(Immigration and Asylum Chamber) Appeal Number: DA/00623/2017
THE IMMIGRATION ACTS
Heard at Field House
Decision & Reasons Promulgated
On 19th March 2018
On 28th March 2018
UPPER TRIBUNAL JUDGE GILL
The Secretary of State for the Home Department
(ANONYMITY ORDER NOT MADE)
For the Appellant: No appearance.
For the Respondent: Mr P Duffy, Senior Home Office Presenting Officer
DECISION AND REASONS
1. The Secretary of State has been granted permission to appeal against a decision of Judge of the First-tier Tribunal Hawden-Beal who, following a hearing on 20 December 2017, allowed the appeal of Mr David Felkl (hereafter the "claimant"), a national of the Czech Republic, born on 25 March 1972, against a decision of the respondent of 16 October 2017 to make a deportation order under regulation 23(6)(b) of the Immigration (European Economic Area) Regulations 2016 (the "EEA Regulations"). The respondent had also certified the applicant's human rights claim under regulation 33 of the EEA Regulations.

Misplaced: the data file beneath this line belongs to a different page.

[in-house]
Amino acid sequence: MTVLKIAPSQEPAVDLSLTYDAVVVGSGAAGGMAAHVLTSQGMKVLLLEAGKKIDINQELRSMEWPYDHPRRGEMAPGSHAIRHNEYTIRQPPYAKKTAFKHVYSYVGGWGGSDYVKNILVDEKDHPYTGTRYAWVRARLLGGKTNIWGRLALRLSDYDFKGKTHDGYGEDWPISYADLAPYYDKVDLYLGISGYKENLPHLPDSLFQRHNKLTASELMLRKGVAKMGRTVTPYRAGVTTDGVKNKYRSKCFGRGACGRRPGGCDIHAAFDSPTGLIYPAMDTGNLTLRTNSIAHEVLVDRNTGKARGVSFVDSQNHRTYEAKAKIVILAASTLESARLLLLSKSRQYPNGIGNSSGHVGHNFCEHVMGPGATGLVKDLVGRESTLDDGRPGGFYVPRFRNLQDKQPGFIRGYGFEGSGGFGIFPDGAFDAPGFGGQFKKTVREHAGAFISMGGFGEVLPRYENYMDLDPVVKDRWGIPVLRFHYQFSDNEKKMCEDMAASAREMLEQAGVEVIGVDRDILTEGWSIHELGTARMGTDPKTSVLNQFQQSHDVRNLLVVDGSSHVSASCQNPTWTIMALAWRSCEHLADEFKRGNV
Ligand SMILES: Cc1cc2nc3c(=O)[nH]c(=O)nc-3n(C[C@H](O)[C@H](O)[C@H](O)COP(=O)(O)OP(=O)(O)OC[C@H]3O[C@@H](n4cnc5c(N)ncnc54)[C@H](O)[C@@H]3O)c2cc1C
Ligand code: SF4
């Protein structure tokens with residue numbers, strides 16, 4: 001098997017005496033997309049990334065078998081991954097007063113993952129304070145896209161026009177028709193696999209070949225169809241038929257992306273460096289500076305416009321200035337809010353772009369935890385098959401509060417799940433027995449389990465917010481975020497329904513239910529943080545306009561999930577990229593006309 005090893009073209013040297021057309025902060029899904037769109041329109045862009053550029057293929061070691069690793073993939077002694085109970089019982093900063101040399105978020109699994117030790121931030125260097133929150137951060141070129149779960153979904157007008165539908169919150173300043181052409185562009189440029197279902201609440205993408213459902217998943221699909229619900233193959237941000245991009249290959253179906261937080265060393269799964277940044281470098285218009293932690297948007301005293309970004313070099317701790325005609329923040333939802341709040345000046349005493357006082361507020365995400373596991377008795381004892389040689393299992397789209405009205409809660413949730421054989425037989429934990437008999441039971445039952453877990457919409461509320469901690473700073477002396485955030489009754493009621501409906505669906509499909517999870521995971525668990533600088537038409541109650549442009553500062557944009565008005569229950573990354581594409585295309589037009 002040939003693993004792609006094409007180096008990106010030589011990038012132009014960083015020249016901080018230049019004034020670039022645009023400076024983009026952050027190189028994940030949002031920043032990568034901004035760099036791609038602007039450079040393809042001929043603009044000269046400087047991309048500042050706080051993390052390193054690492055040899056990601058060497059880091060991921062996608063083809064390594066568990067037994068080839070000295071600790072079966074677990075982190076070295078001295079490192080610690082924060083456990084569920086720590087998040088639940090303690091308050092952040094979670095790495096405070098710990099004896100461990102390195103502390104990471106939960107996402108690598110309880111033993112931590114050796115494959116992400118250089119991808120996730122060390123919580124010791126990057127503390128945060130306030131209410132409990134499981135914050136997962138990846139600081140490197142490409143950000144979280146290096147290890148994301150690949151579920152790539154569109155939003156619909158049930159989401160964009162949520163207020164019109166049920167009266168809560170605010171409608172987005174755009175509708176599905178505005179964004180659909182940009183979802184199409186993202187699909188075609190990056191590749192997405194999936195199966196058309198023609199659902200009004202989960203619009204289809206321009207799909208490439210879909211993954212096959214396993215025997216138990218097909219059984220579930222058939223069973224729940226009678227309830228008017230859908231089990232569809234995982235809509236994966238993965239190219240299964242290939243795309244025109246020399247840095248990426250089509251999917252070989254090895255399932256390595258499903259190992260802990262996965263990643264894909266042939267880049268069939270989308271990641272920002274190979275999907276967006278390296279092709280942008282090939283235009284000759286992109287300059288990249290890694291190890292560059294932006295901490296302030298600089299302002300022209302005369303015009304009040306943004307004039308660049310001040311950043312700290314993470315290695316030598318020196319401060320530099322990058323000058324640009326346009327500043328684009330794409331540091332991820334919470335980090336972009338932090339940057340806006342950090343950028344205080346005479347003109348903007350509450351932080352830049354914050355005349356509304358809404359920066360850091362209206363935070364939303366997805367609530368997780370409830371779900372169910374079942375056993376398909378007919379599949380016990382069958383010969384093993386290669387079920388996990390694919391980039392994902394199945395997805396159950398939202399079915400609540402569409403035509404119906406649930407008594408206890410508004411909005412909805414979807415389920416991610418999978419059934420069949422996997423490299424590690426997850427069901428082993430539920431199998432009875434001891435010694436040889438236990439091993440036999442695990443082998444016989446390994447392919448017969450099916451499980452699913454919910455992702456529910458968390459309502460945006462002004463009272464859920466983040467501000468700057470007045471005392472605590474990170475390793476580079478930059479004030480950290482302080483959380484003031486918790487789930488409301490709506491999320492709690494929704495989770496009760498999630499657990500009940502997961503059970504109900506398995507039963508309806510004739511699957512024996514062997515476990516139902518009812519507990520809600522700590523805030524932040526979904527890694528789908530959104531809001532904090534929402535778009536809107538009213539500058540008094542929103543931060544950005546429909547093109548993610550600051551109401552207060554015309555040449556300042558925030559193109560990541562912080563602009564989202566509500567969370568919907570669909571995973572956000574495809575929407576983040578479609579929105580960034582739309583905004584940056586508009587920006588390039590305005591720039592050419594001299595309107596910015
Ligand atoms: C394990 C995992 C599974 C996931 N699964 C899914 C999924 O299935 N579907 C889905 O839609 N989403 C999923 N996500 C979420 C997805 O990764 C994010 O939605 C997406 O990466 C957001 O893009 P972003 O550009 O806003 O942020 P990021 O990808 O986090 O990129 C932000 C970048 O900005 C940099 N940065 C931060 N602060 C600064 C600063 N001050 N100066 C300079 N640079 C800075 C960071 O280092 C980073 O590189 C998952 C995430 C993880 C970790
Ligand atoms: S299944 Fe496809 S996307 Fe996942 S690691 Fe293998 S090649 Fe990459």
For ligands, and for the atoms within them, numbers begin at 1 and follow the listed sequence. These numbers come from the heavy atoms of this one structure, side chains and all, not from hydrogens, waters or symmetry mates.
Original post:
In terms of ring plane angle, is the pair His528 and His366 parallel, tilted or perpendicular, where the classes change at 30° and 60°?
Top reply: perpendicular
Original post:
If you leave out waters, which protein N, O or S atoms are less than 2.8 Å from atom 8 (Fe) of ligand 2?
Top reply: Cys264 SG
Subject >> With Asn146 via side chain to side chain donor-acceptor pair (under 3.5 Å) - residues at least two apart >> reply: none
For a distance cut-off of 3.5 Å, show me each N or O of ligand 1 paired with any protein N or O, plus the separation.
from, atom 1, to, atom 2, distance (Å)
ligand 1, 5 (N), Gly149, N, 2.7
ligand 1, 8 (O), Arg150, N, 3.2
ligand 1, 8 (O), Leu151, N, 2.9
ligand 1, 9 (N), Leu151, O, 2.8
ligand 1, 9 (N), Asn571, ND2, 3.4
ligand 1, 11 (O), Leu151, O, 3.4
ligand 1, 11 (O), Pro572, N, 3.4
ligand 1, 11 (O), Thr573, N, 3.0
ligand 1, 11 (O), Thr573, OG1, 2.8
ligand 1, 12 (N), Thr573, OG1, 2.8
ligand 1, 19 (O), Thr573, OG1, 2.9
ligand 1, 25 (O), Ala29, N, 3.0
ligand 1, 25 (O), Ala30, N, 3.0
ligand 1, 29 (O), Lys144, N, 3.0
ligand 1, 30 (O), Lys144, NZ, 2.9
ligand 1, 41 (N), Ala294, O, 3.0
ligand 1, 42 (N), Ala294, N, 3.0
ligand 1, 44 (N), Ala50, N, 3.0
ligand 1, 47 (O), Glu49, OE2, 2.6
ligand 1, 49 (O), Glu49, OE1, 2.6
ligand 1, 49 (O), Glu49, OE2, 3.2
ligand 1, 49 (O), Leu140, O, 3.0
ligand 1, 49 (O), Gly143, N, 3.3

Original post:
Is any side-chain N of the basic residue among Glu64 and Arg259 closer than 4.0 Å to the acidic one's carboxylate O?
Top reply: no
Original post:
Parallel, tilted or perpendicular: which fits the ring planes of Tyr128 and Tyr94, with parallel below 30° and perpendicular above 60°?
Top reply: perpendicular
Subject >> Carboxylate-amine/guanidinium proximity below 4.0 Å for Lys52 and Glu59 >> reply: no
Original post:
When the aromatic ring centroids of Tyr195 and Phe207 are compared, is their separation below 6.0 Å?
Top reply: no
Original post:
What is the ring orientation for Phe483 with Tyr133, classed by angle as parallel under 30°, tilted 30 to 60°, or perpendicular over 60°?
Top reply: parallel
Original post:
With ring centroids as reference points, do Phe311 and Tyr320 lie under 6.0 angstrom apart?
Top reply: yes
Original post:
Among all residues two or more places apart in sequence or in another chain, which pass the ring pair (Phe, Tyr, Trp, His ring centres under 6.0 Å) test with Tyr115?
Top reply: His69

2. The claimant's appeal did not include a challenge to the refusal of his human rights claim.
Procedural issue before me
3. There was no appearance by or on behalf of the claimant at the hearing before me at 10:00 hrs or by 11:00 hrs. Mr Duffy informed me that the claimant was "voluntarily removed" from the United Kingdom on 9 January 2018.
4. The reason why the removal was described as "voluntary" is that the claimant had signed a document entitled: "Post-decision disclaimer in a deportation case" (hereafter the "Disclaimer"). In this document, the claimant had ticked the option that states:
"I am aware that I have an outstanding appeal against my deportation but I wish to withdraw this appeal and leave the United Kingdom as soon as possible. Ref: 27447582".
There was also a declaration by the claimant that stated that the document had been read to him in the Czech language and that it had been understood by him.
The document was signed by the claimant.
It was also signed on 23 December 2017 at 10:20 by a Mr. Muhammad Khan whose position was described on the document as "Home Office - AO". Mr Khan confirmed that the claimant had signed the form in his presence and that the form had been read to the claimant in his presence.